• A Little Padding — Just like with live action, and no less important, even if the reasons may be different for adding 20 percent for a little budget breathing room.

Choosing a Production Partner

To ensure your video meets all your needs it’s important to find the right production partner for the videography style you choose. Hire a reputable production team who can craft your ideas into beautifully produced stories. Leverage people who specialize in content production and specify animation, live action or a combination of the two. They know the questions to ask and have the know-how to get your project completed on time and on budget.

Use this three-step cooperative framework to choose a partner:

  • Creative Brief — A brief is typically simplistic in nature but informs the partner producing the content of your goals and messages. The secret to the brief is to be completely honest and communicate what you really need to get across.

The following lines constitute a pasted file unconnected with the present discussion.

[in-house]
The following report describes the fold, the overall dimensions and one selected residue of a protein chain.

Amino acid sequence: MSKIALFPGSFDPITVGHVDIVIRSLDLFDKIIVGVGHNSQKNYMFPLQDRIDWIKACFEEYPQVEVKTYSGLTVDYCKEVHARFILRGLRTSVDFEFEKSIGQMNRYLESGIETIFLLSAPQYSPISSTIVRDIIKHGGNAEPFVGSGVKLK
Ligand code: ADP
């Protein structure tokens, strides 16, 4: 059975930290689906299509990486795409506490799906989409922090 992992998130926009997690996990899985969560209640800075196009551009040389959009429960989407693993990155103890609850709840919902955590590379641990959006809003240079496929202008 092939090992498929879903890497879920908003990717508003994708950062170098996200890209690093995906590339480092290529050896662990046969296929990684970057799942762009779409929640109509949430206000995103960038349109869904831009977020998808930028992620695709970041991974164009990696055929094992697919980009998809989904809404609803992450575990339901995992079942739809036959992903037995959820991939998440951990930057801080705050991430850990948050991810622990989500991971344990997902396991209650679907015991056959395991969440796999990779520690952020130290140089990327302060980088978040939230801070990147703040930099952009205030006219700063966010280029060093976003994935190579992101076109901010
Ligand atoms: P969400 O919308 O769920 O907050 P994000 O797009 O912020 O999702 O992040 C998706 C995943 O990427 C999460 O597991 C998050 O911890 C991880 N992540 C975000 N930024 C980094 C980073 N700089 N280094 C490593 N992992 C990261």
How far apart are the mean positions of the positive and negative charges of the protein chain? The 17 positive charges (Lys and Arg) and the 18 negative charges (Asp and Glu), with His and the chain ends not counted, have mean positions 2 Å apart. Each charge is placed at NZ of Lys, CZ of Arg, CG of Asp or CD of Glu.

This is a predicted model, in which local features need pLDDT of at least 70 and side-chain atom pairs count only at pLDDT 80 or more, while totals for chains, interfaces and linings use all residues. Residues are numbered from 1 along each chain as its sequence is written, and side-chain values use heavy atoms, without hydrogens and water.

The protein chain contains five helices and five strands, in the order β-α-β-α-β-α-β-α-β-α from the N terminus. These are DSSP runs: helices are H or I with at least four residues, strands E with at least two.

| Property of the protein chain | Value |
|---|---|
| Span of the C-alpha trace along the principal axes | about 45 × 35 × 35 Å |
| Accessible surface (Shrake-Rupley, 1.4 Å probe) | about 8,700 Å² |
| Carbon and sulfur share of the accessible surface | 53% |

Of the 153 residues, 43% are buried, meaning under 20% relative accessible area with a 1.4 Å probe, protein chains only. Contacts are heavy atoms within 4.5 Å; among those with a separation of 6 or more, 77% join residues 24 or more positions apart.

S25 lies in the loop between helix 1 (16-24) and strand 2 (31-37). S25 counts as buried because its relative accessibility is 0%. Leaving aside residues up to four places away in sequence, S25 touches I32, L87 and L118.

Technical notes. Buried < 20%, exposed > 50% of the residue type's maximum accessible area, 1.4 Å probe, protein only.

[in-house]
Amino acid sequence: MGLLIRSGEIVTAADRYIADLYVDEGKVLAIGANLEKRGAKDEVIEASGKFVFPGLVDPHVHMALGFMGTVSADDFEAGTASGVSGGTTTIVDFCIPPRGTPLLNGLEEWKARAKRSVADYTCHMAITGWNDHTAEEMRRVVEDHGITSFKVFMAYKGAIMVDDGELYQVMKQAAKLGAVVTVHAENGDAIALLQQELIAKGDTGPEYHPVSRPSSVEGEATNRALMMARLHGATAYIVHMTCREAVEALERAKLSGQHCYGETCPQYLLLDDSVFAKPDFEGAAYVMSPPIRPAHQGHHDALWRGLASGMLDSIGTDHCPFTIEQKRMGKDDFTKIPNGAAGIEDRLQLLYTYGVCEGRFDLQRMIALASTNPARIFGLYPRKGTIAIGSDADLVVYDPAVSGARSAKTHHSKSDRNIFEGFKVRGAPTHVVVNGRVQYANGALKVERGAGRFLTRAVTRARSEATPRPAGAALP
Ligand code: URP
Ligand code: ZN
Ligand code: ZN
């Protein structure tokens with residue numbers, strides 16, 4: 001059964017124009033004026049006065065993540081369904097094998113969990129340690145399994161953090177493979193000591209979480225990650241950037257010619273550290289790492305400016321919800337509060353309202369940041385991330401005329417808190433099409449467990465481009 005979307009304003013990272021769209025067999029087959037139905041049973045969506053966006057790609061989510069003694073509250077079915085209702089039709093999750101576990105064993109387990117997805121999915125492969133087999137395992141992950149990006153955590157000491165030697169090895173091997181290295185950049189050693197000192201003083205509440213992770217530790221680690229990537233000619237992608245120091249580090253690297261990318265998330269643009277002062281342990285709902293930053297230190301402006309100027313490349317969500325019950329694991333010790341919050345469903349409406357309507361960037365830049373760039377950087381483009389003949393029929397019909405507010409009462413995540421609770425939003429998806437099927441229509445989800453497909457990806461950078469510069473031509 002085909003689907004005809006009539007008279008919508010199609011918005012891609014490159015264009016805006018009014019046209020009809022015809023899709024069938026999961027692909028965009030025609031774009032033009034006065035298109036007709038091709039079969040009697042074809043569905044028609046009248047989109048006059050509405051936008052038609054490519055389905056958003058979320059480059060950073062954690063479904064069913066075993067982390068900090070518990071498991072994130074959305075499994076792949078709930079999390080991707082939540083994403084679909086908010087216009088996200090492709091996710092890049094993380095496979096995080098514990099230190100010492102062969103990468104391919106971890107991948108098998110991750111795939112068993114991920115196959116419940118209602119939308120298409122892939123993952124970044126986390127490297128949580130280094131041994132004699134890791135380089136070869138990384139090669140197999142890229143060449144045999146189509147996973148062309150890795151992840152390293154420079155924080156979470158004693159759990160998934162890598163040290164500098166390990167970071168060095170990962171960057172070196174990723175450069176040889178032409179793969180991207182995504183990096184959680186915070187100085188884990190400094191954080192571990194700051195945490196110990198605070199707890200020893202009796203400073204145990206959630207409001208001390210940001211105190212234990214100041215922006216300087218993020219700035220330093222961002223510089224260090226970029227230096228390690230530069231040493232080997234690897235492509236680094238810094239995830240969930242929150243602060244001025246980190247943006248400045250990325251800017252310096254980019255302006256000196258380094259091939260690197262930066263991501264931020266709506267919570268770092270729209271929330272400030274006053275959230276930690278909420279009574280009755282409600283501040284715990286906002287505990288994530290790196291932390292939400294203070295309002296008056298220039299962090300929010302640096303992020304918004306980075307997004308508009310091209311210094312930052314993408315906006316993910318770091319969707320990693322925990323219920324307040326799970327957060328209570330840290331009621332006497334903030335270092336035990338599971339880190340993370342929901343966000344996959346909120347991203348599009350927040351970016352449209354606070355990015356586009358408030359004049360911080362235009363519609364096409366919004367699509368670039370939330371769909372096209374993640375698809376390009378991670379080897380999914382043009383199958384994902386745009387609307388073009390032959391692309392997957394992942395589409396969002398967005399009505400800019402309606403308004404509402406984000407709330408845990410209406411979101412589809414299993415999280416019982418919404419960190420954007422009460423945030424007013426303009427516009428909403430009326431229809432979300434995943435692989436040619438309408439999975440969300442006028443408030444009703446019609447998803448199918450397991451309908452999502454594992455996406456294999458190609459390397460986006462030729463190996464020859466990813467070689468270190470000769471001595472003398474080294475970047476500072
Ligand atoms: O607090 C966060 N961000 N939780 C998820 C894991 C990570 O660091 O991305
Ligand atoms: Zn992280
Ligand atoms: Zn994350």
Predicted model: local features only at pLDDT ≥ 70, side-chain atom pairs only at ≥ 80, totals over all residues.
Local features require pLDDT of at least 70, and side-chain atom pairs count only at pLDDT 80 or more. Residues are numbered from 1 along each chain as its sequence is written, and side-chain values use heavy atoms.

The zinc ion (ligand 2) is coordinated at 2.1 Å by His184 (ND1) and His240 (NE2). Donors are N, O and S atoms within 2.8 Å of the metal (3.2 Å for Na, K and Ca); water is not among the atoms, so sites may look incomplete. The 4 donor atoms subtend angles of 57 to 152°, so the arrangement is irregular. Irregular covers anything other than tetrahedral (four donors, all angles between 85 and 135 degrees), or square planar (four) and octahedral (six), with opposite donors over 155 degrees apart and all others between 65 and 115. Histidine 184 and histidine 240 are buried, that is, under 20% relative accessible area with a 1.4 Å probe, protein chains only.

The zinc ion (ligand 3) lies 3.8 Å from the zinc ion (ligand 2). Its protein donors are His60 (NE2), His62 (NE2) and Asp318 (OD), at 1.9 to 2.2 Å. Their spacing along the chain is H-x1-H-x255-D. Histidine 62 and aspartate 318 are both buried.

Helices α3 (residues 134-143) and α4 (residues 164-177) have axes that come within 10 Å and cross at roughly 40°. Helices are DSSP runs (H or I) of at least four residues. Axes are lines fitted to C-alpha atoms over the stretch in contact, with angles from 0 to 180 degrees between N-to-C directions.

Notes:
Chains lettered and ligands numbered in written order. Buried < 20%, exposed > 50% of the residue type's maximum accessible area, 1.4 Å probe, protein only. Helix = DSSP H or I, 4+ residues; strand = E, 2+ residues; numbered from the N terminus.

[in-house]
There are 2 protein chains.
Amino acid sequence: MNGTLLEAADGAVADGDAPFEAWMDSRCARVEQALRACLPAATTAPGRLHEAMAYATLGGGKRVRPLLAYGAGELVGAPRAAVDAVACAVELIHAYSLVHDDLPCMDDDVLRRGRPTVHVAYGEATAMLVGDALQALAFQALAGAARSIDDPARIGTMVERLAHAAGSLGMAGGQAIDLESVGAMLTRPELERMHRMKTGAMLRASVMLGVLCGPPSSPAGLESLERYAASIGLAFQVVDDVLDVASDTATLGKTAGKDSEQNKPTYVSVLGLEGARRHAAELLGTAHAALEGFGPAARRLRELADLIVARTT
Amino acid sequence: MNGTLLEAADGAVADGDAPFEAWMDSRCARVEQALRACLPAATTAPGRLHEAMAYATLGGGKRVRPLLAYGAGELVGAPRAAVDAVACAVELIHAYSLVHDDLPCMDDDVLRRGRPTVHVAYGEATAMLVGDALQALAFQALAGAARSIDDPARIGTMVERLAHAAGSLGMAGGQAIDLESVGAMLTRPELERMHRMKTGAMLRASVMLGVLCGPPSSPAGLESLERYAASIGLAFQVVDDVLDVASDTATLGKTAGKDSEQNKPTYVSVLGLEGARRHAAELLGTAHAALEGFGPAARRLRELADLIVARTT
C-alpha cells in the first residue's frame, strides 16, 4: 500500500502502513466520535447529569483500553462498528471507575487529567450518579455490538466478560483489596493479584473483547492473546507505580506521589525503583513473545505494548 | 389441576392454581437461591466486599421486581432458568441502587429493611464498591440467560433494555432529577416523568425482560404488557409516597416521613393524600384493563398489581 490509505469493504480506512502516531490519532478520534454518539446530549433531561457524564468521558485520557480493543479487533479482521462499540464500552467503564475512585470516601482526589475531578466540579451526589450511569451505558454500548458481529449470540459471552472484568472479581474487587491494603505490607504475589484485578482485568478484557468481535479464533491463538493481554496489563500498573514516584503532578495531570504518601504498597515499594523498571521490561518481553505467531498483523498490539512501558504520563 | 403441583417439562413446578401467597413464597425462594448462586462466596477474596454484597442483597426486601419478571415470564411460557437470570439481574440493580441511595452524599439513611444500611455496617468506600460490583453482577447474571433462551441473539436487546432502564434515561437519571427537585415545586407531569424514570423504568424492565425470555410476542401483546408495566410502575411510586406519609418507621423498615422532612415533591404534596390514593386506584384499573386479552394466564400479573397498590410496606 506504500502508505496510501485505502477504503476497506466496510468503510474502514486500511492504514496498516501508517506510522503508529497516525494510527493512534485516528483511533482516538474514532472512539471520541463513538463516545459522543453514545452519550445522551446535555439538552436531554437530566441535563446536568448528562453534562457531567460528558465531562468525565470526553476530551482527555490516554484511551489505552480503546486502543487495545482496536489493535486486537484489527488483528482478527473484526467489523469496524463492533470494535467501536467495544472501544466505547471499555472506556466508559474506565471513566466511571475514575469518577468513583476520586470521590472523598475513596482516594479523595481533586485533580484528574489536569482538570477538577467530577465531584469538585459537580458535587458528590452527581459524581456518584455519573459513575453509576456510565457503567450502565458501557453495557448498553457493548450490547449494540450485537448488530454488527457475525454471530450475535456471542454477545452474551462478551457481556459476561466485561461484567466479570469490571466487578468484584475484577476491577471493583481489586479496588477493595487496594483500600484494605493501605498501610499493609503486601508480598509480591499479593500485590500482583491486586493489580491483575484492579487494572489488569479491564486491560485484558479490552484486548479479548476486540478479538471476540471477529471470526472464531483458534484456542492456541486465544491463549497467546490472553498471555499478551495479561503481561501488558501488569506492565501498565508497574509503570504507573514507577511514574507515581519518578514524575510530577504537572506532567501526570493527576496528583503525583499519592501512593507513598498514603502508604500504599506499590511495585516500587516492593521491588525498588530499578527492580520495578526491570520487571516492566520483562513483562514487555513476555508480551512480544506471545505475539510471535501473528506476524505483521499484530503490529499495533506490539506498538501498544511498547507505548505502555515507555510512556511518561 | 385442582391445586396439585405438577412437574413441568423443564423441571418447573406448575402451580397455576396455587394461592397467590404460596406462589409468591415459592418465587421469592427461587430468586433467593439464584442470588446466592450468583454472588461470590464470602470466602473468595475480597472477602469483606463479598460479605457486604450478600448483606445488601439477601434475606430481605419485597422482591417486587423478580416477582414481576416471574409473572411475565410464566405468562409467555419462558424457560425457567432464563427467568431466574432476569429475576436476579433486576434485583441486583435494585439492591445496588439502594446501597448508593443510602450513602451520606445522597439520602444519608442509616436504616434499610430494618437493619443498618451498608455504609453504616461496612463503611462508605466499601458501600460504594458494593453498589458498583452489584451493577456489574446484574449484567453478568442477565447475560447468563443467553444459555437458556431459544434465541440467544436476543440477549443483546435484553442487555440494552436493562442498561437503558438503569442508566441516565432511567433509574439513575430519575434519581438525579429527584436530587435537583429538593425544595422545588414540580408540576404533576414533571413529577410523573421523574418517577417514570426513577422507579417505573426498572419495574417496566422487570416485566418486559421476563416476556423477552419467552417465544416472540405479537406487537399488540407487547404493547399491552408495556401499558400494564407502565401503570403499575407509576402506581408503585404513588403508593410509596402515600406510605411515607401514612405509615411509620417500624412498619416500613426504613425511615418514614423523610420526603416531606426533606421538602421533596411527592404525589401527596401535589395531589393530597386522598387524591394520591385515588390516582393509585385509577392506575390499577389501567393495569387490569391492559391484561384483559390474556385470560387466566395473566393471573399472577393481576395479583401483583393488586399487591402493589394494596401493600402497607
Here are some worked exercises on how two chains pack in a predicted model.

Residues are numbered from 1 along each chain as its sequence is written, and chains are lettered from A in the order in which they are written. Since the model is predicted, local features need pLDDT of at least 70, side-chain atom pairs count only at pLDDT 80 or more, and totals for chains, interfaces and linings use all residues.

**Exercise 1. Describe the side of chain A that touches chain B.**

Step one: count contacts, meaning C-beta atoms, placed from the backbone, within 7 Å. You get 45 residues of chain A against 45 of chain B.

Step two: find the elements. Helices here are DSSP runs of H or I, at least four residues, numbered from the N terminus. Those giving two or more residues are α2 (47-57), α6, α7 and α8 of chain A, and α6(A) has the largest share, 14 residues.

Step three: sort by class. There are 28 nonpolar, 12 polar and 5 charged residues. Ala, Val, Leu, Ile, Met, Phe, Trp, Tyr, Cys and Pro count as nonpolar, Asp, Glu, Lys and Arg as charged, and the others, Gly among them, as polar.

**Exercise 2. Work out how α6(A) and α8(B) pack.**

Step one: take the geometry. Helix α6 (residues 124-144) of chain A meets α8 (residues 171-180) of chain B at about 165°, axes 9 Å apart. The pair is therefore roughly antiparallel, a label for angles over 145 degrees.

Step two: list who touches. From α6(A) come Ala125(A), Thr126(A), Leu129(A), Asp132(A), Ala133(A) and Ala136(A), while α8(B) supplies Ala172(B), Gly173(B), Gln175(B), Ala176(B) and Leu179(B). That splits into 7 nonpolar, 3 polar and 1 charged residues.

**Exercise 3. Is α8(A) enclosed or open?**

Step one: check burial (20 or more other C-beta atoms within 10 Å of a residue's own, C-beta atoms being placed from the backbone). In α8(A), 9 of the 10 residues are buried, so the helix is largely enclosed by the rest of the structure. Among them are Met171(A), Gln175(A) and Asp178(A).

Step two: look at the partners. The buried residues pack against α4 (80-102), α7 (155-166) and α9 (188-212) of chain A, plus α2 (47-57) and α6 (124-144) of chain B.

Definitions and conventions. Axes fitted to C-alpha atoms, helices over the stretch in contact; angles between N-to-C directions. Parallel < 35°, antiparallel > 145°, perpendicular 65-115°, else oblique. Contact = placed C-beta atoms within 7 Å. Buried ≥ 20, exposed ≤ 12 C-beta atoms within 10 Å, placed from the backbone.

• Strong Concept — With the brief completed, let your production company come to you with some ideas or concepts on how to best execute your vision. You should get at least two to three concepts to choose from.
  • Distinctive Strategy — Also let your partner help strategize and unearth a unique angle for the story. Look for the best format to present the story within your budget without sacrificing quality.

Getting Ready For Production

Now that you’ve laid the groundwork for creating a video here’s what needs to happen next for animation or production day.

Scripting, Style Frames and Storyboard Phase

These are created before filming or animating and must be signed off upon before production begins (note that not all live action video calls for storyboards). Be clear on the details and approvals. You have to be able to walk into your production day with an accurate vision of what you’re there to capture. And to that end, it’s critical that everyone on the team is on the same page before a single frame is shot. Having to go back later could result in costly fixes or completely missed opportunities.

Creating and Filming Phase